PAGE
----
Posted by Preston on 2009-09-01

The most visited post in August was again, Carry a jukebox with you (if you’re using Linux). I think part of this must be attributed to the linkage of Linux with Free. I.e., because Linux is seen as low cost (or no cost), there’s a core group, particularly of open source fans, who want to come up with a totally free solution for their environment, no matter what environment that is.

However, I don’t think that’s all that can be attributed to why this article keep on drawing people in. Despite my reservations about VTL, a lot of people are interested in deploying them. It’s important to stress again – I don’t dislike VTLs, I just wish we didn’t need them. Recognising though that we do need them, I can appreciate the management benefits that they bring to an environment.

From a support perspective of course I’m a big fan – with a VTL I can carry a jukebox around wherever I go.

The Linux VTL post even beat out old standards – the parallelism and NSR peer information related posts, which normally win hands down every month.

(From a policy and procedural perspective though, it was good to see that the introductory post to zero error policies, What is a Zero Error Policy?, got the next most attention. I can’t really stress enough how important I think zero error policies are to systems management in general, and backup/data protection specifically.)

Posted in Aside, NetWorker | Tagged: , , | Comments Off on Most popular in August

When will tape die?

Posted by Preston on 2009-08-10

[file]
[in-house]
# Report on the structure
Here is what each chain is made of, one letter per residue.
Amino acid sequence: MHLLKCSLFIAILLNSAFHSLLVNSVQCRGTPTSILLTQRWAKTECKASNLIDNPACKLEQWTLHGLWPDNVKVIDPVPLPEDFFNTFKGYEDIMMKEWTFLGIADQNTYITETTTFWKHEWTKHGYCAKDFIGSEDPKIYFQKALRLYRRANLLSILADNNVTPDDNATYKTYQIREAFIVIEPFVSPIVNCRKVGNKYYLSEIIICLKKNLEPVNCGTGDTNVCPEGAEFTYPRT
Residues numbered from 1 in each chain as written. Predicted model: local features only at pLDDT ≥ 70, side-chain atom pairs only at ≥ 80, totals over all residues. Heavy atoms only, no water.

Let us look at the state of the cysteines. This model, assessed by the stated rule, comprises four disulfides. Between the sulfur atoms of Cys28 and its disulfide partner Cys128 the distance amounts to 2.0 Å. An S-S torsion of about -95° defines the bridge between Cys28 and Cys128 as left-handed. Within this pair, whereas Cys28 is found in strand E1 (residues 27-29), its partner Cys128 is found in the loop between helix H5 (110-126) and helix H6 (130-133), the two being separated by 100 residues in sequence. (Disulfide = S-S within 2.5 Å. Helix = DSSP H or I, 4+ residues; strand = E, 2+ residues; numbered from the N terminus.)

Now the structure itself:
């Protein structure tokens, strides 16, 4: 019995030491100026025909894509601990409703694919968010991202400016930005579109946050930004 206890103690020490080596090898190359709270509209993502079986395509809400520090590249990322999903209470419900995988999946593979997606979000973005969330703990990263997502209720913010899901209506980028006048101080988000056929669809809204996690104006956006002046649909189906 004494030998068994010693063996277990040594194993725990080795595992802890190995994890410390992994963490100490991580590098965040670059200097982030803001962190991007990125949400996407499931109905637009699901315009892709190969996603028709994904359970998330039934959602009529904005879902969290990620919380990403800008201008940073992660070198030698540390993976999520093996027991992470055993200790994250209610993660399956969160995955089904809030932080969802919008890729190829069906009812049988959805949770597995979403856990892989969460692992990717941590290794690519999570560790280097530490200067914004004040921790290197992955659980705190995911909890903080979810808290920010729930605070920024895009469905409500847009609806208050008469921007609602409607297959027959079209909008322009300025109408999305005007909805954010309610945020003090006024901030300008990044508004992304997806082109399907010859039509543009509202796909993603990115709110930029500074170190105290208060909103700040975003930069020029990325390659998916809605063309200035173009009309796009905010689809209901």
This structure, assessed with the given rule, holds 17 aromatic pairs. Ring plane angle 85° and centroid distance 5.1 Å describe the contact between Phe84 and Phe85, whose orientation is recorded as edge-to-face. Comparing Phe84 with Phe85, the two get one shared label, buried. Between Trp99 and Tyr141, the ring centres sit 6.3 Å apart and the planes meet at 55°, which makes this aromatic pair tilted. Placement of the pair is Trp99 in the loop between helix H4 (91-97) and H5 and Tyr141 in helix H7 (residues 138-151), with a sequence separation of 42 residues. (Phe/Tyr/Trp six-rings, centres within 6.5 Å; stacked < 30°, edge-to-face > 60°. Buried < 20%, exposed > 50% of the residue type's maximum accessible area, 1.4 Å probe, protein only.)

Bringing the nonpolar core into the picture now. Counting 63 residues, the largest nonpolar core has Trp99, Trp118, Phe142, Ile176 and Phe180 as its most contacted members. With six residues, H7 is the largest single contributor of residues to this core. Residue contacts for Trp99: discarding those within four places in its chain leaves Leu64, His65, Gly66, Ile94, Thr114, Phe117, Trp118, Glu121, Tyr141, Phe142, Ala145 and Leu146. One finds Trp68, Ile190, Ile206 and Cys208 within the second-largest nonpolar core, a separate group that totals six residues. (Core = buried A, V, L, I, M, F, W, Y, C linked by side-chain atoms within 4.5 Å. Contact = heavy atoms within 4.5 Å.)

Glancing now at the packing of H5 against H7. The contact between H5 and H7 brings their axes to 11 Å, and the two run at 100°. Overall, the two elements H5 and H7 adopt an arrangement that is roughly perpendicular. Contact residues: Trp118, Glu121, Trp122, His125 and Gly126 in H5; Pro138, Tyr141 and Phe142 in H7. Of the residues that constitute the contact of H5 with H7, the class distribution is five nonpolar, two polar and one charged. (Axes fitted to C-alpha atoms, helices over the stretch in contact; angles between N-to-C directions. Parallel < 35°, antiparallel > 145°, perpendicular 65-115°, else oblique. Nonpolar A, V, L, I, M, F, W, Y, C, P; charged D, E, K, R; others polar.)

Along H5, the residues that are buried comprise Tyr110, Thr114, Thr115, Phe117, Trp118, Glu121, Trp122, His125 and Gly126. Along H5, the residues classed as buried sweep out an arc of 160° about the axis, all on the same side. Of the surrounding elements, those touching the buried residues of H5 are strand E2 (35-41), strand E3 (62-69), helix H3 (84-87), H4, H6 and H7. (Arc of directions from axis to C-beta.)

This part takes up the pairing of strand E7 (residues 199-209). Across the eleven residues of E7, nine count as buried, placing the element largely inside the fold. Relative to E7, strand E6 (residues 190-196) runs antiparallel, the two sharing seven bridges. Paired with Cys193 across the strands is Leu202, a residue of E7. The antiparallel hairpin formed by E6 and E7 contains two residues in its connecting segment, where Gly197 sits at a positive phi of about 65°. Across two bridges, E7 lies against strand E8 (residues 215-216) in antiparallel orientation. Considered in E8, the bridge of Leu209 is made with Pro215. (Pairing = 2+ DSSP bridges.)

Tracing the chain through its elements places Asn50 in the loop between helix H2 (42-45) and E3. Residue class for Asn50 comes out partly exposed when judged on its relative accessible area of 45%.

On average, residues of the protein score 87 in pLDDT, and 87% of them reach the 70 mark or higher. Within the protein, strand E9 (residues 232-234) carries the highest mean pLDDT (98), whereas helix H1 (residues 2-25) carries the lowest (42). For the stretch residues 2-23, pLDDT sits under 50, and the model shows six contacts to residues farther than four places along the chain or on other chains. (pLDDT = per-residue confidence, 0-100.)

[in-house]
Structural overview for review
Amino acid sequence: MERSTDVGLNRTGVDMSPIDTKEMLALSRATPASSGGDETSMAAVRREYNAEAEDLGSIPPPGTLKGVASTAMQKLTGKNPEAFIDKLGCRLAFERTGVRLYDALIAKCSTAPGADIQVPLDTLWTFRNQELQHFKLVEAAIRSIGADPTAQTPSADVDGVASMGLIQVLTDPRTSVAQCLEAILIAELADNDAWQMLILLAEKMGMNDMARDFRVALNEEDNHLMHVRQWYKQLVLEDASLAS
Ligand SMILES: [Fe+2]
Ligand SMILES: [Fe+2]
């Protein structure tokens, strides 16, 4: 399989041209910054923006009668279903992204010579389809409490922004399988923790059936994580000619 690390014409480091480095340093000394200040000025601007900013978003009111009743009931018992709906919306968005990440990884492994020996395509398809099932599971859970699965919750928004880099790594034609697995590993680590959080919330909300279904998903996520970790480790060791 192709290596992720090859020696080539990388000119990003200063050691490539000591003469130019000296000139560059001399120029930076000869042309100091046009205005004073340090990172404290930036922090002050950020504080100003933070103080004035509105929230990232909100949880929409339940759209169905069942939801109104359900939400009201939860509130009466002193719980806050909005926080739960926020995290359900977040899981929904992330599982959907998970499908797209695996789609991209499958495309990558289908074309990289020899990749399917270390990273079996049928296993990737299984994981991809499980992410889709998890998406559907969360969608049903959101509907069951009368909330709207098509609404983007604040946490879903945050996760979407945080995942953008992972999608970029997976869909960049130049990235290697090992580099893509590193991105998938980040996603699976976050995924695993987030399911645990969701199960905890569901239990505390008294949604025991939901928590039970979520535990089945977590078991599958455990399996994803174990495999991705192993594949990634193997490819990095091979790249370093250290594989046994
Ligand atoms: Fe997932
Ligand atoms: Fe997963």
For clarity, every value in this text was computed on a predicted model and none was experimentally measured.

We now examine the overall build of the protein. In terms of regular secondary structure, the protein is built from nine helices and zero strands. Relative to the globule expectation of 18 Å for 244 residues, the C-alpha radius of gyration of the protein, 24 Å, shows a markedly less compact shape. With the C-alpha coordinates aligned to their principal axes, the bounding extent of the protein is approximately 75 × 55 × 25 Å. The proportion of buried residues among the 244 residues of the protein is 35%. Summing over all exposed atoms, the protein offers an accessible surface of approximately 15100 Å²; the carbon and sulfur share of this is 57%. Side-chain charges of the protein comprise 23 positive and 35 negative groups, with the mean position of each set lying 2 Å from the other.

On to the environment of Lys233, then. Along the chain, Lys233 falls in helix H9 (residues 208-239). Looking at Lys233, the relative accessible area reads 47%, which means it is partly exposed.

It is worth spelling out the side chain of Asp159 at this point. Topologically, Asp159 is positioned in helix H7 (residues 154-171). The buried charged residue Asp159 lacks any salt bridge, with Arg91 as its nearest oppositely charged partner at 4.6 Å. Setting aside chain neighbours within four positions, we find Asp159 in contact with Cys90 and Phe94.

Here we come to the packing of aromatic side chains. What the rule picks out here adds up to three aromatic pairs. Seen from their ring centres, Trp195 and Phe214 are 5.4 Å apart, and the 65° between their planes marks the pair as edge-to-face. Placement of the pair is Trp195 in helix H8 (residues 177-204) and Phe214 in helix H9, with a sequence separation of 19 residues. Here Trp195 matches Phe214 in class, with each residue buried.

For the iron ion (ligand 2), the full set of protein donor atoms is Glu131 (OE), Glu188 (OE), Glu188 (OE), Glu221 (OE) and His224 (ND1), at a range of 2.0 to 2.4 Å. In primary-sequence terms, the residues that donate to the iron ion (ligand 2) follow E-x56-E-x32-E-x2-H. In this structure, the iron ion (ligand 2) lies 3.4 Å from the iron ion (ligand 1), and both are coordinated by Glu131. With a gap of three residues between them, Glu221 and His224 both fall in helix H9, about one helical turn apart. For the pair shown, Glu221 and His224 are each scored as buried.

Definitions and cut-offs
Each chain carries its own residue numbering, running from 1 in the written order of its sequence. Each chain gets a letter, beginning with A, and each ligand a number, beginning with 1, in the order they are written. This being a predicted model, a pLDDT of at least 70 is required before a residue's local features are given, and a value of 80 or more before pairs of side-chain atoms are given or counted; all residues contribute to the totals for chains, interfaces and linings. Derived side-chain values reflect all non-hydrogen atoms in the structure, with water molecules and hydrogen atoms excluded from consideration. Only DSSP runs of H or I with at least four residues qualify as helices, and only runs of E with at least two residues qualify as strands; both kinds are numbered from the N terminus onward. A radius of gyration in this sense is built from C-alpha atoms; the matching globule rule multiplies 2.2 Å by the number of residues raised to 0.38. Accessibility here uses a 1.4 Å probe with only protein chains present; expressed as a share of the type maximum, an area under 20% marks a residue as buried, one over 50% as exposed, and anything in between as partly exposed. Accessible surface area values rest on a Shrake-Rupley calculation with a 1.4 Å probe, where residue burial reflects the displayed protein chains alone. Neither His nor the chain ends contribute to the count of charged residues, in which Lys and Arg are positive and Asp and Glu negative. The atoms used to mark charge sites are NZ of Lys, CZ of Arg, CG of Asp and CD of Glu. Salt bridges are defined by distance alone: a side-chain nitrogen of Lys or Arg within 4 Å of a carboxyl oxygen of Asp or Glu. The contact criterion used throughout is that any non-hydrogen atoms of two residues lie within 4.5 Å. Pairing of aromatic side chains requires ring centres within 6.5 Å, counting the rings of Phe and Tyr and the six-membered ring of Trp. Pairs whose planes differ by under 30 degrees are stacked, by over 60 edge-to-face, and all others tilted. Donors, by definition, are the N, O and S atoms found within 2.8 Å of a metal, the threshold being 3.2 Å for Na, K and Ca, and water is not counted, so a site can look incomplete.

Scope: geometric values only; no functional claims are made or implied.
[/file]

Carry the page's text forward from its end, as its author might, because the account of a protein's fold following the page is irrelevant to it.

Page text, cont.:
As you may have noticed, I have a great deal of disrespect for “tape is dead” stories. To be blunt, I think they’re about as plausible as theories that the moon landing was faked.

So I thought I might list the criteria I think will have to happen in order for tape to die:

  1. SSD will need to offer the same capacity, shelf-life and price as equivalent storage tape.

There’s been a lot of talk lately of MAIDs – Massive Arrays of Idle Disks – being the successor/killer to tape, on the premise that such arrays would allow large amounts of either snapshotted or deduplicated data to be kept online, replicated into multiple locations, and otherwise in a night-perfect nearline state.

This isn’t the way of the future. Like VTL, MAIDs are a stop-gap measure that will fulfill specific issues to do with tape, but not replace tape. Like VTLs, if the building is burning down you can’t rush into the computer room, grab the MAID and run out like you can with a handful of tapes. Equally similarly to VTLs and disk backup units, it’s entirely conceivable of a targetted virus/trojan (or even a mistake) wiping out the content of a MAID.